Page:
What is Ptosis?

Submited by Kassmd on February 1, 2021

What is Ptosis?

Although unnoticeable most of the time, those sleepy-looking eyes or slightly saggy upper eyelids could be suspect. Experts advise not to take it so casually as it could be a case of Ptosis,
which can affect normal vision when it goes untreated. Often ptosis occurs so slowly over time that patients may not attribute their difficulties seeing to their saggy eyelids.

An In-Depth Explanation of Ptosis

Most people refer to this eye issue as droopy eyes. In this case, the upper eyelid will often droop over the eye. And while the condition may affect one eye only, there are situations
where both eyes take the toll. Again, the severity of the problem varies. For example, the droopiness might cover a bit of the eye, or it could completely hangover in other patients, covering the pupil.

In the most severe cases, Ptosis can block the eyes and affect normal vision. This is particularly problematic when you attempt to read or look downwards. To compensate for this visual block, patients often will unconsciously raise their eyebrow or their eyebrows, creating an abnormal appearance and causing ever-deepening furrows in the forehead. But that is not all, as this can also tire the facial muscles, especially when trying to read, and you may not be even aware of it!

Different Types of Ptosis

Ptosis affects both children and adults, and here are the common types:

  • Congenital Ptosis: It precisely affects children, and experts say it could be due to problems with the child’s levator muscle. A key symptom is a droopy eye, although some kids could present with an eye crease that does not seem to line up correctly. Mostly, children with this condition end with lazy eyes or delayed vision. Sometimes, the droopy eye in children comes accompanied by other eye-related issues such as eye muscle disease.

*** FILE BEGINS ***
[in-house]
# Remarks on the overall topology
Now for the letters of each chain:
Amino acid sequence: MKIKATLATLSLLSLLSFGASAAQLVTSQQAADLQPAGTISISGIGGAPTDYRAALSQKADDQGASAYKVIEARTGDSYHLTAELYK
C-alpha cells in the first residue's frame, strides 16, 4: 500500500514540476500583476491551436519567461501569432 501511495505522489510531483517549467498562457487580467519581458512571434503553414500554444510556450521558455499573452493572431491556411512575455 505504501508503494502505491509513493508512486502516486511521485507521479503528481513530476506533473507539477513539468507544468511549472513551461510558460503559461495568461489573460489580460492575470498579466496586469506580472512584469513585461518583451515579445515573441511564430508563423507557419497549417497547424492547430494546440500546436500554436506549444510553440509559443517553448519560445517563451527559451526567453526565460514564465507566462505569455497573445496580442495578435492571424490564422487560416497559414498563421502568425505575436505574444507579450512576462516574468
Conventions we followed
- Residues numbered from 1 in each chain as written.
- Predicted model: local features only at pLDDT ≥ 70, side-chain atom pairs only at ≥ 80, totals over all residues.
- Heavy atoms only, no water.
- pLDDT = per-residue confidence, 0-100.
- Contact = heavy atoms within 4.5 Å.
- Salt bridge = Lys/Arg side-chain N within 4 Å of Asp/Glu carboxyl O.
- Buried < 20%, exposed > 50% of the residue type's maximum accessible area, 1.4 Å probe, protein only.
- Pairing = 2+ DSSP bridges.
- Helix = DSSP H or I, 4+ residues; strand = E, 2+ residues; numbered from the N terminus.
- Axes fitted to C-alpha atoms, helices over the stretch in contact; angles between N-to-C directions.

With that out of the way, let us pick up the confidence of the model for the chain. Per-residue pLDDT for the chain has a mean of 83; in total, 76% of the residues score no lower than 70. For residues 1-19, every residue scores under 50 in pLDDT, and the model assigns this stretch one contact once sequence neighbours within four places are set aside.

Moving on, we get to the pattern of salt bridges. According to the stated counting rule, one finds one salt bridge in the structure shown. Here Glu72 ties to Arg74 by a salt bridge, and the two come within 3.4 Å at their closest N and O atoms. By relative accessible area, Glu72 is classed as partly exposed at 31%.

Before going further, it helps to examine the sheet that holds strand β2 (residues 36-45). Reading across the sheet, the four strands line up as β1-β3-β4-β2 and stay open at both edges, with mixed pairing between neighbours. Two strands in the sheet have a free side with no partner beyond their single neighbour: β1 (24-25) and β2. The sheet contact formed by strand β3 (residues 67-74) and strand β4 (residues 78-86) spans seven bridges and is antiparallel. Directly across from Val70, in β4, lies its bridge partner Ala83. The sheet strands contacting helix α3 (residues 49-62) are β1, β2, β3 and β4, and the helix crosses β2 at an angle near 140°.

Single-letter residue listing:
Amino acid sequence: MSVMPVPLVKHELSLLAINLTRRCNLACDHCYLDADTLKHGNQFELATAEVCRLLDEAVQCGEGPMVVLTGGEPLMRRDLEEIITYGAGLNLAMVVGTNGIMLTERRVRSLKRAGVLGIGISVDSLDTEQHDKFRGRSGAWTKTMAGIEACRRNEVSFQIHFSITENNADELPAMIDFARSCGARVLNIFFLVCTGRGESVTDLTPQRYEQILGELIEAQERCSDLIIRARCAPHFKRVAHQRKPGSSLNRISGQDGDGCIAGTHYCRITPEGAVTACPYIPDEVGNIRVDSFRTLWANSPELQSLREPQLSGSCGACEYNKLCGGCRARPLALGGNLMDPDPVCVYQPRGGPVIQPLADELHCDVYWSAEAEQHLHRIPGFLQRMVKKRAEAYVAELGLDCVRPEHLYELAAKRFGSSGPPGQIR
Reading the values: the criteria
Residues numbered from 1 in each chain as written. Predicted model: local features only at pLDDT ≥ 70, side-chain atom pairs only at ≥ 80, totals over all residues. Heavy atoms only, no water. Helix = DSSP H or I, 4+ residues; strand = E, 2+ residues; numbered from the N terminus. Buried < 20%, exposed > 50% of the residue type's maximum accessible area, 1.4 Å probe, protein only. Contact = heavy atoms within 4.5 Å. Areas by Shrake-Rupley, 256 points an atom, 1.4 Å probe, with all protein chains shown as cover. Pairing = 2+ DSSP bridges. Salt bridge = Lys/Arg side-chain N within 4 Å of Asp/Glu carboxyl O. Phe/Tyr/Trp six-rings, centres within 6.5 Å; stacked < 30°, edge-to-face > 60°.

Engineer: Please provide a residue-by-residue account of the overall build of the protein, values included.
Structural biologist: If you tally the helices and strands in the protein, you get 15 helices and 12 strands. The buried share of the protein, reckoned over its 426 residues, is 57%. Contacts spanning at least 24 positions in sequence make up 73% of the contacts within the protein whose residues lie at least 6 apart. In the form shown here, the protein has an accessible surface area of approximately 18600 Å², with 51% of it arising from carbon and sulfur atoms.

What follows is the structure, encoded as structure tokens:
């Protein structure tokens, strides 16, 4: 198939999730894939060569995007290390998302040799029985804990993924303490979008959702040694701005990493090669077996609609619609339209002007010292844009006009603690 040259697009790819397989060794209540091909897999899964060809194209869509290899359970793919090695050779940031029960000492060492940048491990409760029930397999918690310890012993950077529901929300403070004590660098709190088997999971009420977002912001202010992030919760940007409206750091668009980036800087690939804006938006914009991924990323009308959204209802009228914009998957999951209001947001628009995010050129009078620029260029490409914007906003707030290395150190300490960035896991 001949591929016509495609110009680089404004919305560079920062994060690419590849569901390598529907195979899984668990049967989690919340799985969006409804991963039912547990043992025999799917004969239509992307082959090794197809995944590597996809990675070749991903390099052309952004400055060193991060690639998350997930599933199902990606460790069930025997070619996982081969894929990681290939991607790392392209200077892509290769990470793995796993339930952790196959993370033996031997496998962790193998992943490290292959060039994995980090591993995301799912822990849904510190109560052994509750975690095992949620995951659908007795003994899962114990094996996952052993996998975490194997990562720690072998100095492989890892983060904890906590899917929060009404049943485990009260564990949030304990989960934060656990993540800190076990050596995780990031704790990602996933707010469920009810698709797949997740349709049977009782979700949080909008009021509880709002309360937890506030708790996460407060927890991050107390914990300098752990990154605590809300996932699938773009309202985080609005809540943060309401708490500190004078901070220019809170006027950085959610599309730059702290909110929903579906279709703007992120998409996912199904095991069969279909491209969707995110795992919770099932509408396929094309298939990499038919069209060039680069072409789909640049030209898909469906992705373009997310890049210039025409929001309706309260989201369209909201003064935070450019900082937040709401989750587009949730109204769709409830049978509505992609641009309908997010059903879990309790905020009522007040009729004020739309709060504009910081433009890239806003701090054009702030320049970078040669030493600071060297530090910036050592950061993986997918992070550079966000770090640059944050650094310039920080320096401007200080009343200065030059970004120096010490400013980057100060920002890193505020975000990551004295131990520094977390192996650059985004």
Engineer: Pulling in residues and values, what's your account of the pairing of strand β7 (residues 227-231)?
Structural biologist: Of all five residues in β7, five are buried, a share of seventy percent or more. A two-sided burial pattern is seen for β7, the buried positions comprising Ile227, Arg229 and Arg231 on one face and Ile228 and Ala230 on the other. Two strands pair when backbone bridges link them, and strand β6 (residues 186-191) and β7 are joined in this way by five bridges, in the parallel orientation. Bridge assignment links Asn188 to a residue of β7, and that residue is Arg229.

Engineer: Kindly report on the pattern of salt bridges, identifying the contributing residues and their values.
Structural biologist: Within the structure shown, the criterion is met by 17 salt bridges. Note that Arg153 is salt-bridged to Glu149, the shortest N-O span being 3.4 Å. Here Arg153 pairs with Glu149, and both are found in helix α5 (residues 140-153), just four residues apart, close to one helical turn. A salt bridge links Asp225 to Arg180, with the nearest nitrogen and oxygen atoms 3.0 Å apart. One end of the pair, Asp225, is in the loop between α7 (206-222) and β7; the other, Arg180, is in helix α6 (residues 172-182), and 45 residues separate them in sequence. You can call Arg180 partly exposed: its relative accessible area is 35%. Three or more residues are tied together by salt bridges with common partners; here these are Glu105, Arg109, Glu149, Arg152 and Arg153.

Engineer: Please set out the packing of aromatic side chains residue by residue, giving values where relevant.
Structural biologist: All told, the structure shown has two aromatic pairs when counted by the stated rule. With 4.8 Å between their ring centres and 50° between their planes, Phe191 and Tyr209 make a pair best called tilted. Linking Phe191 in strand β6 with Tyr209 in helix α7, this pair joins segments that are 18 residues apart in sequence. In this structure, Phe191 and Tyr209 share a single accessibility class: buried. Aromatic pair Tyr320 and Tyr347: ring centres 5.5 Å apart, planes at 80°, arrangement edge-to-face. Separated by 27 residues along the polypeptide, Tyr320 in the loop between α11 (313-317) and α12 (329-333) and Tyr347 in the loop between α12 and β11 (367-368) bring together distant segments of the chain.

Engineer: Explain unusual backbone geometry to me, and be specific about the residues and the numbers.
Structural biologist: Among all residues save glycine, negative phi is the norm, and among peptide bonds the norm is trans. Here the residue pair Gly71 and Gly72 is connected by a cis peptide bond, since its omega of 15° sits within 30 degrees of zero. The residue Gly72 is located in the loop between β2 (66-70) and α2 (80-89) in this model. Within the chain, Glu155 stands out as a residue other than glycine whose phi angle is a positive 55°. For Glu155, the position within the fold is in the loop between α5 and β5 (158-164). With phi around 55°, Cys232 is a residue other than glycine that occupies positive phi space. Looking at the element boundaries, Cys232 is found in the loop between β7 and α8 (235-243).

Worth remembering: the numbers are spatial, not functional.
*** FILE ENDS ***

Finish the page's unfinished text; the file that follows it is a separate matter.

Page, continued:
• Adult Ptosis: Also known as involutional Ptosis. Others merely call it acquired Ptosis, and it occurs due to the stretching away of the levator muscle from the eyelid. There are various causes and risk factors associated with adult Ptosis. For example, it could be age-related or an aftermath of eye surgery—i.e. cataracts. Underlying medical issues could also cause Ptosis. Only an expert can correctly diagnose and recommend the most appropriate treatment.

Signs That You Have a Droopy Eyelid

Frankly, it can be hard even for eye professionals to tell if you have Ptosis. That is unless the situation is so dire that you have problems with eye fatigue or with your vision. However, being on the lookout for that saggy appearance in one or both of your eyelids helps. Also, look for elevation of one or both eyebrows and deepening furrows in the forehead. In the most severe Ptosis cases, a patient will occasionally want to tilt their head to see whenever they are speaking. This can lead to headaches and neck problems. Meanwhile, never wait to see a physician as persistent droopy eyes could, unfortunately, be an indication of something else. Most often, an examination should rule out an underlying condition.

Treatment Options for Ptosis

While most Ptosis cases rarely cause pain and discomfort and hence go untreated, others may need the expertise of an ophthalmic plastic surgeon. Most treatments occur to fix visual impairments. Sometimes insurance may pay part of the costs but this has become increasingly rare. The droopy eye can also undergo cosmetic correction, and in most cases, treatment is via a surgical procedure performed as an outpatient under local anesthesia. The treatment will often tighten the levator muscle, helping lift the eyes back to their normal position. For cosmetic concerns, excess skin may be removed and excess fat carefully sculpted at the time of ptosis repair. The procedure is practically pain-free.
Please do not hesitate to contact Kass Center for Cosmetic and Plastic Surgery for additional information on Ptosis.